Learn river classifications


river classifications and what they mean life outdoors

If you’ve ever spent some time on rivers, you know that whitewater is rated from Class 1 through 6 to identify it’s degree of difficulty.  Increasing classes of river mean increased skill required to maneuver them. 

Places like the Bowron lakes canoe circuit have a small rapid section that is likely class III with a bend at the end of the river, but places on the Bow river in Alberta, and much of the mountain rivers, like the Red Deer or Ram river, are consistently III or IV over long sections.

These are an important classification of whitewater safety, but there are a few more factors that you’ll need to consider. 

Water temperature

If the rapids are really technical, and going for a swim is quite possible, consider also the water temperature to assess whether you should try them or not. If it’s really cold, and you are far from help should you need it, hypothermia becomes a real factor.

Remoteness of area

If you’re unsure if you can handle the rapids and you’re far from help, portage around them just in case. If you do go for a swim and need help you may prolong or increase the level of danger to an undesirable level. 

Can you walk out?

This consideration coincides with remoteness of area. Even if you can call for help or are with another party and can self-rescue, consider the impact of being far away from your vehicle. If there is a possibility you may have to overnight, be prepared to do so. Of course, take safety gear with you

Is portaging an option?

Portaging is usually available on known routes, so always consider it as a safe option if you choose not to run the rapids.  When planning the route, make sure you know where the take out spots are so you can look at the rapids and portage if necessary.

Now here they are, river classifications and what they mean. Our team often canoes in the summer and we can handle rapids to about class III, which is exciting enough for us. But if you work at it, and take a swift water training and rescue course, you can safely try higher classes of rapids. 

River Classifications

Class 1 – Easy

These rapids include some fast moving current with small waves and some obstructions (like rocks) that are easy to avoid. The risk is low, and self rescue is easy.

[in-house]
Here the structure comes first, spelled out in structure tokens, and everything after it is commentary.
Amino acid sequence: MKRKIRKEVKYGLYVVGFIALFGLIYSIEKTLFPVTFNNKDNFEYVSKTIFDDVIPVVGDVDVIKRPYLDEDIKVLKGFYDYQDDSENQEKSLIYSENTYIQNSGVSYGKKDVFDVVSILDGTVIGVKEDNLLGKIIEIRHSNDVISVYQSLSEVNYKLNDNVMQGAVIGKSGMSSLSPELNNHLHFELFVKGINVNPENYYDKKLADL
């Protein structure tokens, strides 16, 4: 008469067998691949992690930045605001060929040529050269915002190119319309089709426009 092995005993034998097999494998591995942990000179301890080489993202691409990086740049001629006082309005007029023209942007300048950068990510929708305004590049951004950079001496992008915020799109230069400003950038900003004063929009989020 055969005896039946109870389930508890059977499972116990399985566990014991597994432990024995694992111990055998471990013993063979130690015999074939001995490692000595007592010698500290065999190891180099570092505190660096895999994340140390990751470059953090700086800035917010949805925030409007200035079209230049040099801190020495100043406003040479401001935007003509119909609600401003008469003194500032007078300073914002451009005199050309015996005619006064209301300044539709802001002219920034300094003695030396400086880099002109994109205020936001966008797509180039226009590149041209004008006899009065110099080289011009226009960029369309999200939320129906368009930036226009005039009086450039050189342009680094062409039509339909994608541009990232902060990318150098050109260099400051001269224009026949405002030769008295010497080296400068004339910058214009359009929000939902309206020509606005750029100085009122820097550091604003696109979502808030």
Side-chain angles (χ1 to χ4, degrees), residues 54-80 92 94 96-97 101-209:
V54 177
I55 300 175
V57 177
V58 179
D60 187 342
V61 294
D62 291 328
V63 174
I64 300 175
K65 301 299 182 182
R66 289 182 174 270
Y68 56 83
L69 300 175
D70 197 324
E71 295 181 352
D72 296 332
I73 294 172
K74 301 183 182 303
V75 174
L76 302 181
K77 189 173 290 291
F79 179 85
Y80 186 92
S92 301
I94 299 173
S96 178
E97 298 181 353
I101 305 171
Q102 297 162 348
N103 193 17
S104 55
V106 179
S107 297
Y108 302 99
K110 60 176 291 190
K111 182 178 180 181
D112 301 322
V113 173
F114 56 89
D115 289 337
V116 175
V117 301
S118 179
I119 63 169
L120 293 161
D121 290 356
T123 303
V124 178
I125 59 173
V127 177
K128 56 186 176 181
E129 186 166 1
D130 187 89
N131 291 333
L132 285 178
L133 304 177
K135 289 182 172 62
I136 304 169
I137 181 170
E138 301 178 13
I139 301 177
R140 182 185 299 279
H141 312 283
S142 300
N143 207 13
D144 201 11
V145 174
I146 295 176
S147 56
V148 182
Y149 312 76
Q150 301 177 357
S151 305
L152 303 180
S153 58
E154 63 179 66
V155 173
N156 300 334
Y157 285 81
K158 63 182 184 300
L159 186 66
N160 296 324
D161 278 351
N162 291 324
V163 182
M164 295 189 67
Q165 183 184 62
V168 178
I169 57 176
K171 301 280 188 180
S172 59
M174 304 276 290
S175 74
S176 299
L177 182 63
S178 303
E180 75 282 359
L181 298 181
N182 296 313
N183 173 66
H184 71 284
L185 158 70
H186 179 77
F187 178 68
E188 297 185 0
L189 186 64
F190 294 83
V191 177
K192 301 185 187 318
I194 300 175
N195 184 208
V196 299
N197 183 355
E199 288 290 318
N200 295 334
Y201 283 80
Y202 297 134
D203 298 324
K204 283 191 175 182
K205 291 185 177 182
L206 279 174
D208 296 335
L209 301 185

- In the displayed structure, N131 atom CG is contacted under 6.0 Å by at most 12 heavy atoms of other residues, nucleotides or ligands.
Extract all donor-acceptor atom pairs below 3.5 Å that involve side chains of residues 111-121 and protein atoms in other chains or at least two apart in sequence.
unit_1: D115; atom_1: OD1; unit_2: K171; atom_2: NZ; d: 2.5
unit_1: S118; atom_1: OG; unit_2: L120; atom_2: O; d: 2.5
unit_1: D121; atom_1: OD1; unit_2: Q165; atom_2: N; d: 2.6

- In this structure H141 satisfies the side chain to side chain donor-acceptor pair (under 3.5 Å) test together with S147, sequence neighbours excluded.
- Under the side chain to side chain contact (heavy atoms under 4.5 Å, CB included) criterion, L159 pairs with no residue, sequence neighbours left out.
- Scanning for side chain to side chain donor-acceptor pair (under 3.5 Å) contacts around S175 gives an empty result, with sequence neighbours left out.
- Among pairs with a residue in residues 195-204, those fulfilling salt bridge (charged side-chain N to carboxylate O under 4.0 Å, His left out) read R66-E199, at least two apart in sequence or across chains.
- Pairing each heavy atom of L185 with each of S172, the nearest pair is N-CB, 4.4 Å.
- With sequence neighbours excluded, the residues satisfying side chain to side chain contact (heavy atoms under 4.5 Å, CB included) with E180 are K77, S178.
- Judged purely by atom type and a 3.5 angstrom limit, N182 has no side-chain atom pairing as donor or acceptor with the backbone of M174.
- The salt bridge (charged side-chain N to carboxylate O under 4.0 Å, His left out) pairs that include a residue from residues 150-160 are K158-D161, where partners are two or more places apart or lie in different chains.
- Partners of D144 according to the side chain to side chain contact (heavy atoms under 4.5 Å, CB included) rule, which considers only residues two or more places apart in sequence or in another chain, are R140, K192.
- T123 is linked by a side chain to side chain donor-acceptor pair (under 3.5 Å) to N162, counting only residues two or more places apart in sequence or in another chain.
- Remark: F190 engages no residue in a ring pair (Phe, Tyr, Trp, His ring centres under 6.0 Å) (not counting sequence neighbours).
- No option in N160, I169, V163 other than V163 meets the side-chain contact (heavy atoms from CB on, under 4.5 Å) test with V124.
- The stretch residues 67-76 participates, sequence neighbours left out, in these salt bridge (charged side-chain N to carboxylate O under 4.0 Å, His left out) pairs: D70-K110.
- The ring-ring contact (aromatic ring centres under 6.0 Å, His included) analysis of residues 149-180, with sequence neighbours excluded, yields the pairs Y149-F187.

Class 2 – Novice

The rapids in class 2 are straightforward and have wide open channels that are easily evident. You don’t have to assess them beforehand, they are easy to see from the boat. Some manouvering around obstacles may be required, but trained paddlers can avoid rocks or medium sized waves. If you do go for a swim, the water isn’t technical enough to injure you. 

Class 3 – Intermediate

athabasca river rapids

Rapids on the Athabasca river in Alberta. These rapids are probably class II or III.

It starts to get a little more technical here in class 3. You’ll encounter rapids with moderate, irregular waves with strong currents and some eddies, or swirling pools of water that can push your boat around. Major hazards, however, such as big rocks, are easily avoided. But if you’re inexperienced, assessing the river beforehand is recommended. Self rescue is usually easy and injuries if you do end up in the river are rare. 

Class 4 – Advanced

You’ll definitely need to assess the river before trying class 4. It’s absolutely necessary here. Here, you’ll find large, unavoidable waves, turbulent waters, powerful and unpredictable waves that you’ll have to paddle through, as well as holes and constricted or narrow passages. Advanced, precise boat handling skills are required to safely navigate through eddies. You’ll need to know when and how to turn your boat to navigate eddies. Technical rapids mean certain moves must be made to safely navigate them, and knowing how to eskimo roll is highly recommended. Injuries can happen here and self rescue is difficult, so you need to think about group assistance.

Class 5 – Expert

Violent rapids, which are extremely long, obstructed and violent involve substantial risk. You’ll encounter huge, unavoidable waves, holes, confined, steep chutes. Eddies may be difficult to reach, or small and turbulent. A high level of fitness, advanced and practiced rescue skills are essential for survival. If you swim it can be very dangerous and rescue difficult. Though scouting the river beforehand is very important here, the terrain on which the river flows through means it’s very hard to do so.

Class 6 – Extreme

I’m stressed out as I’m thinking about class 6 rivers! This is the cusp of difficulty, unpredictability, danger and risk. Most have actually never been attempted, as the consequence of errors are severe and rescue can be impossible. Obviously, only expert teams and professionals with extensive support and safety systems should ever attempt these types of waters.  

Alicja

Alicja

Alicja is an economist, enjoys climbing, mountaineering, backcountry skiing, cycling and gets out into the backcountry as much as possible. See all of Alicja's Blog Posts
Alicja
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